Actions / Articles

Identity stress and nonbinary identities

In 2009 I wrote about identity stress, which Norah Vincent captured so strikingly in her book Self-Made man, and Robin Williams dramatized in the over-the-top climactic scenes in Mrs. Doubtfire. Identity stress refers to the difficulty of maintaining two distinct identities, each with its own appearance, voice, movement, name, pronouns, documents, and social relationships. It can be the factor that finally pushes people to transition, even if they decided long ago not to.

It has not escaped my attention that having two separate identities is only one way to deal with conflicting gender feelings. Many people have pointed out that this is one of the approaches that minimize confrontation with the gender binary.

A lot of people I’ve met choose to push back on gender norms and adopt a single nonbinary identity. That can mean either a narrow range of gender presentations focused on traits that are not strongly marked for either gender, or a broad range from high femme one day to extreme butch the next. The key is that the person generally retains the same name, pronouns, voice and gestures regardless of what they’re wearing.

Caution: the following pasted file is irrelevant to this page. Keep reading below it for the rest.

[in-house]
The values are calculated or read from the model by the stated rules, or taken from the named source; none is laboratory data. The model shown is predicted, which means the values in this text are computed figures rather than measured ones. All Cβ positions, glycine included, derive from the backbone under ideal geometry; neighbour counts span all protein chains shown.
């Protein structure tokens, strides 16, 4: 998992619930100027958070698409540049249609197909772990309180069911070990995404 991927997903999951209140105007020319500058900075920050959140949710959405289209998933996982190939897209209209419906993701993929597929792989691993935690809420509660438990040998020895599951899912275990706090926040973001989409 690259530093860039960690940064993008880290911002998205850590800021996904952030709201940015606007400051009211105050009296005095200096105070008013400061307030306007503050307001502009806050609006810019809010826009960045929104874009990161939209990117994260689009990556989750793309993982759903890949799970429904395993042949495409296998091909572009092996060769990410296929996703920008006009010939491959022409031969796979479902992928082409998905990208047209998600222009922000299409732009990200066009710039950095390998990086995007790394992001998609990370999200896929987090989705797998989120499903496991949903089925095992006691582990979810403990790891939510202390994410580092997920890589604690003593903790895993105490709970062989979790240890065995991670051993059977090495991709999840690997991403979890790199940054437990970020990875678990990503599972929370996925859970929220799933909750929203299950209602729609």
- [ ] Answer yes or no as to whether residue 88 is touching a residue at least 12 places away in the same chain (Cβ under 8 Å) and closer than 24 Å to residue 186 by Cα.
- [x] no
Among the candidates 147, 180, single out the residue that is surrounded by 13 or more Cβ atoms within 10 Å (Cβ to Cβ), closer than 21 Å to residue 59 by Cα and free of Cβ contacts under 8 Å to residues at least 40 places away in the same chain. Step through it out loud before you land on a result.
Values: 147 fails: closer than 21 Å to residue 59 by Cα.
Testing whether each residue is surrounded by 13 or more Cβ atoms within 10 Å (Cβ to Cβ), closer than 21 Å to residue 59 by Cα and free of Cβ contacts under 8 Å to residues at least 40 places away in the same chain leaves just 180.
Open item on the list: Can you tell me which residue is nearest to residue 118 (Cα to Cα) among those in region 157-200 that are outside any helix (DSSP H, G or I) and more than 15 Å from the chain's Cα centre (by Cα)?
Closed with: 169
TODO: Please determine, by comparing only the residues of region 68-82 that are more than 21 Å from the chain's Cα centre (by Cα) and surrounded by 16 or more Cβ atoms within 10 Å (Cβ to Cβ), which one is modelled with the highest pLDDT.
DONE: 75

The people I know who adopt nonbinary approaches tell me that there’s a lot of stress involved there as well. They meet a lot of people who have trouble with unfamiliar pronouns or relatively new uses of pronouns. It is common in our society to compliment people by pointing out how well they fit in one gender or another. Some people feel very threatened if they can’t classify a person by gender, just as some feel threatened by people who change gender presentations.

Even with that stress, a single nonbinary identity is probably a lot less stressful and more sustainable than investing a lot of time and energy in two separate identities. I’m glad it works for some people, but it doesn’t fit well with my particular mix of feelings. My desire is not to be a feminine man, but to be a feminine woman.

My solution is to invest most of my time and energy in my masculine identity, while allowing myself to be as feminine as I feel in that identity, and to devote just enough time and energy to my feminine identity to keep myself from feeling resentful and rebelling. So far it seems to be working for me.

As far as I can tell, this is also what other non-transitioning feminine-spectrum trans people have done, like RuPaul and Eddie Izzard. I’ll talk about the implications of that in a future post.

It's only fair to share...Share on FacebookShare on Google+Tweet about this on TwitterShare on Tumblr

Leave a Reply

Your email address will not be published. Required fields are marked *